All inclusive list of OOP Concepts in Java with examples

Java is a class-based object-oriented programming (OOP) language that is built around the concept of objects. OOP concepts (OOP) intend to improve code readability and reusability by defining how to structure a Java program efficiently. The four main principles of object-oriented programming are:

  • Abstraction
  • Encapsulation
  • Inheritance
  • Polymorphism

Java comes with specific code structures for each OOP principle. For example, the extends keyword for inheritance or getter and setter methods for encapsulation.

What are OOP concepts in Java?

OOP concepts allow us to create specific interactions between Java objects. They make it possible to reuse code without creating security risks or making a Java program less readable.

Here are the four main principles in more detail.

Abstraction

Abstraction aims to hide complexity from the users and show them only the relevant information. For example, if you want to drive a car, you don’t need to know about its internal workings. The same is true of Java classes. You can hide internal implementation details by using abstract classes or interfaces. On the abstract level, you only need to define the method signatures (name and parameter list) and let each class implement them in their own way.

Abstraction in Java:

  • Hides the underlying complexity of data
  • Helps avoid repetitive code
  • Presents only the signature of internal functionality
  • Gives flexibility to programmers to change the implementation of the abstract behaviour
  • Partial abstraction (0-100%) can be achieved with abstract classes
  • Total abstraction (100%) can be achieved with interfaces

Encapsulation

Encapsulation allows us to protect the data stored in a class from system-wide access. As its name suggests, it safeguards the internal contents of a class like a real-life capsule. You can implement encapsulation in Java by keeping the fields (class variables) private and providing public getter and setter methods to each of them. Java Beans are examples of fully encapsulated classes.

Encapsulation in Java:

  • Restricts direct access to data members (fields) of a class.
  • Fields are set to private
  • Each field has a getter and setter method
  • Getter methods return the field
  • Setter methods let us change the value of the field

Polymorphism

Polymorphism refers to the ability to perform a certain action in different ways. In Java, polymorphism can take two forms: method overloading and method overriding. Method overloading happens when various methods with the same name are present in a class. When they are called they are differentiated by the number, order, and types of their parameters. Method overriding occurs when the child class overrides a method of its parent.

Polymorphism in Java:

  • The same method name is used several times.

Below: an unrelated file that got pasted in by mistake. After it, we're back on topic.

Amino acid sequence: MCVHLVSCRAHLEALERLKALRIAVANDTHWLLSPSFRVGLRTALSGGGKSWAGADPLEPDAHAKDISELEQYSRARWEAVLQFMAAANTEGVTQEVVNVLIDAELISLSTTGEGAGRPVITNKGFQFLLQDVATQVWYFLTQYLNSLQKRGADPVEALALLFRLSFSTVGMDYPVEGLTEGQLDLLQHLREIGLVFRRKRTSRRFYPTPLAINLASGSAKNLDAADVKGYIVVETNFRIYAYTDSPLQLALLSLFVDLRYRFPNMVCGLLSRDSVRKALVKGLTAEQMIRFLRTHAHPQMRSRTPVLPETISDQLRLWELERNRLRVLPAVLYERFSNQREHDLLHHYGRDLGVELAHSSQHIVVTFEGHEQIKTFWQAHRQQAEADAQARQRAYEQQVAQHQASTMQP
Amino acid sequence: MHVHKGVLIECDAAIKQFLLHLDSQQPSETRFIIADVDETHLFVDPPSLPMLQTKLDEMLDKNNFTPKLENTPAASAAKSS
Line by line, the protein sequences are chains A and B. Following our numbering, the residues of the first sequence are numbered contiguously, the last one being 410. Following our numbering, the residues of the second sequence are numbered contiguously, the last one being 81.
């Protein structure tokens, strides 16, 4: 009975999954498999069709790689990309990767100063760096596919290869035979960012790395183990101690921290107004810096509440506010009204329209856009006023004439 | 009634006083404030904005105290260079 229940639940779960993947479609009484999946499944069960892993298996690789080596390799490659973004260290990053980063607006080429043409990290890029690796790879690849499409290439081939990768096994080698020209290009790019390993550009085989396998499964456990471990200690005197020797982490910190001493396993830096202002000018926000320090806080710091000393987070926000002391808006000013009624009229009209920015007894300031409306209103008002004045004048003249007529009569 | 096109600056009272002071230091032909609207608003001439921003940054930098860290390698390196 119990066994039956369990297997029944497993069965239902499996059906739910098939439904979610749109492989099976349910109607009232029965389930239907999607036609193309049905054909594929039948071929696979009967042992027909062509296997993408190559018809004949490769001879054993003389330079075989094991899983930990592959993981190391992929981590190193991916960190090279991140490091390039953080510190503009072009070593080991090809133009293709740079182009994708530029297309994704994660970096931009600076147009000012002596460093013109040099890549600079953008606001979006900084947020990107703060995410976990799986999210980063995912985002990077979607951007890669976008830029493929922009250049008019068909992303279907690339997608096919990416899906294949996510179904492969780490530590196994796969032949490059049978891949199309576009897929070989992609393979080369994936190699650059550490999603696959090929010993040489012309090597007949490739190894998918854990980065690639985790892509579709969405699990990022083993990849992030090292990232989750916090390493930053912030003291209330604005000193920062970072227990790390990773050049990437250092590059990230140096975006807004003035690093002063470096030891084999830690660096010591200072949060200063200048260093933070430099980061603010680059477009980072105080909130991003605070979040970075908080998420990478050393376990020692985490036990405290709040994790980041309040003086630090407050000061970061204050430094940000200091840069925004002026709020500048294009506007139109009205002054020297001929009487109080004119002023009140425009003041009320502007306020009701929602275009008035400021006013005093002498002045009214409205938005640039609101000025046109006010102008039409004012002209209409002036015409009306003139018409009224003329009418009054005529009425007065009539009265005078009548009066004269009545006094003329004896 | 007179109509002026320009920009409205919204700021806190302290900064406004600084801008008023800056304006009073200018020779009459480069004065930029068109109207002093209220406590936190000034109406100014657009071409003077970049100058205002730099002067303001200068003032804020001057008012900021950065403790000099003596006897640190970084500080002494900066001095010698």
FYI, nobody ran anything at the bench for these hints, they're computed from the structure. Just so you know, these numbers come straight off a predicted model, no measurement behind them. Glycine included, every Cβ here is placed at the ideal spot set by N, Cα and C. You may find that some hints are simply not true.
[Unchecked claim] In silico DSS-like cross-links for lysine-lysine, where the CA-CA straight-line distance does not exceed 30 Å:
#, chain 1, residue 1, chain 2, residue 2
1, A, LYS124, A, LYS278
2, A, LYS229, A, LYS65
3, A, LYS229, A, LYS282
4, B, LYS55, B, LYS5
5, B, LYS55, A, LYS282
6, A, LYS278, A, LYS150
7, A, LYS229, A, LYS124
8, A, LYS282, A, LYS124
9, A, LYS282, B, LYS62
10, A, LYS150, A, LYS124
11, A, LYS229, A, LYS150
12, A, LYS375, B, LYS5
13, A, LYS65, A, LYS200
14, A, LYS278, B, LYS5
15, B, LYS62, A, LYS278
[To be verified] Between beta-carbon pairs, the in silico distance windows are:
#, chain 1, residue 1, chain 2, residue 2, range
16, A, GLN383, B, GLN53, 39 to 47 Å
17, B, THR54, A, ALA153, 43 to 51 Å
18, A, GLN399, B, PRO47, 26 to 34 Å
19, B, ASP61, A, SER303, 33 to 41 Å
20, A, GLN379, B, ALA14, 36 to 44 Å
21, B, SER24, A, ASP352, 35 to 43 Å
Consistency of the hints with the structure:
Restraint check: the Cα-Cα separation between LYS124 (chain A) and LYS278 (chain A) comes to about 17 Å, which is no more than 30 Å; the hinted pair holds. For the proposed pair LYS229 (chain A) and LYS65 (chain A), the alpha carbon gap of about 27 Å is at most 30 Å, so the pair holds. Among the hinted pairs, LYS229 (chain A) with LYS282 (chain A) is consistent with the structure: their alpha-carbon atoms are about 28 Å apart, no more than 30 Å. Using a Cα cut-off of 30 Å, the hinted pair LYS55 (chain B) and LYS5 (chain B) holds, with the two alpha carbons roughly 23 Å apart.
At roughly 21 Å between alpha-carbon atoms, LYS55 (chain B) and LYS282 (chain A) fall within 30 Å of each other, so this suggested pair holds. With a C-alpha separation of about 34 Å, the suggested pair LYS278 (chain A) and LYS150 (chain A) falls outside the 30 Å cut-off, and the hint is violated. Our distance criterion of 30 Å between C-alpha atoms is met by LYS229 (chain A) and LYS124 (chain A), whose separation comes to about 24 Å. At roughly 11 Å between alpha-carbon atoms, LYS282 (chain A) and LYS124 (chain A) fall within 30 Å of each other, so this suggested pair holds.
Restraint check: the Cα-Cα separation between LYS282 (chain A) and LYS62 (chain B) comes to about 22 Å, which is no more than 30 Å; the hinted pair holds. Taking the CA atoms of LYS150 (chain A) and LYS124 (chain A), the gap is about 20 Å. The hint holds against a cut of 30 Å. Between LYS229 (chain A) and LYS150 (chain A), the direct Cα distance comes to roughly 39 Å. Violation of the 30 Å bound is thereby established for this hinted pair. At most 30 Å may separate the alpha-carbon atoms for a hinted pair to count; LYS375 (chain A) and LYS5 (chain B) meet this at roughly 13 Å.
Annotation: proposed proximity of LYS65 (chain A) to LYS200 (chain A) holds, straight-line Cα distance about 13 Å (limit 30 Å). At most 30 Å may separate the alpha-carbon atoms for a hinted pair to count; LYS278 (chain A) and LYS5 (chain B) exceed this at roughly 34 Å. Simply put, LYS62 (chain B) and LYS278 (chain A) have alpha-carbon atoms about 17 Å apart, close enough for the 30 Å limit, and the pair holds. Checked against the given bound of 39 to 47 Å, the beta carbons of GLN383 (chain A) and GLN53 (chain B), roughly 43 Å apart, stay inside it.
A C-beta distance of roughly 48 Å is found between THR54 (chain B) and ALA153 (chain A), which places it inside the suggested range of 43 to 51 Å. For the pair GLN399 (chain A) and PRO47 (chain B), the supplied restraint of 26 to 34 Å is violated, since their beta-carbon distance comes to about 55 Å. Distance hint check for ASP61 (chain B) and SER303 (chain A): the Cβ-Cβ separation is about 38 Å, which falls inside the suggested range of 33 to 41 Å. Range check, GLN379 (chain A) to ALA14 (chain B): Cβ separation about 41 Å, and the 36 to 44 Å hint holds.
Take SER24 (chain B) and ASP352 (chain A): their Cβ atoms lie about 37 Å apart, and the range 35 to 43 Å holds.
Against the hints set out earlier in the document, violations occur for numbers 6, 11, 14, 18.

• Different methods of the same name can be called from the object.
  • All Java objects can be considered polymorphic (at the minimum, they are of their own type and instances of the Object class).
  • Example of static polymorphism in Java is method overloading.
  • Example of dynamic polymorphism in Java is method overriding.

Inheritance

Inheritance makes it possible to create a child class that inherits the fields and methods of the parent class. The child class can override the values and methods of the parent class, however it’s not necessary. It can also add new data and functionality to its parent. Parent classes are also called superclasses or base classes, while child classes are known as subclasses or derived classes as well. Java uses the extends keyword to implement the principle of inheritance in code.

Inheritance in Java:

  • A class (child class) can extend another class (parent class) by inheriting its features.
  • Implements the DRY (Don’t Repeat Yourself) programming principle.
  • Improves code reusability.
  • Multilevel inheritance is allowed in Java (a child class can have its own child class as well).
  • Multiple inheritances are not allowed in Java (a class can’t extend more than one class).

Association

Besides the four main principles of OOP, Java also works with three further concepts (association, aggregation, composition) you can make use of when designing your programs. Aggregation is a special form of association, while composition is a special form of aggregation.

Association simply means the act of establishing a relationship between two unrelated classes. For example, when you declare two fields of different types (e.g. Car and Bicycle) within the same class and make them interact with each other, you have performed association.

Association in Java:

  • Two separate classes are associated through their objects.
  • The two classes are unrelated, each can exist without the other one.
  • Can be a one-to-one, one-to-many, many-to-one, or many-to-many relationship.

Aggregation

Aggregation is a narrower kind of association. It occurs when there’s a one-way (HAS-A) relationship between the two classes you associate through their objects. For example, every Passenger has a Car but a Car doesn’t necessarily have a Passenger. When you declare the Passenger class, you can create a field of the Car type that shows which car the passenger belongs to. Then, when you instantiate a new Passenger object, you can access the data stored in the related Car as well.

Aggregation in Java:

  • One-directional association.
  • Represents a HAS-A relationship between two classes.
  • Only one class is dependent on the other.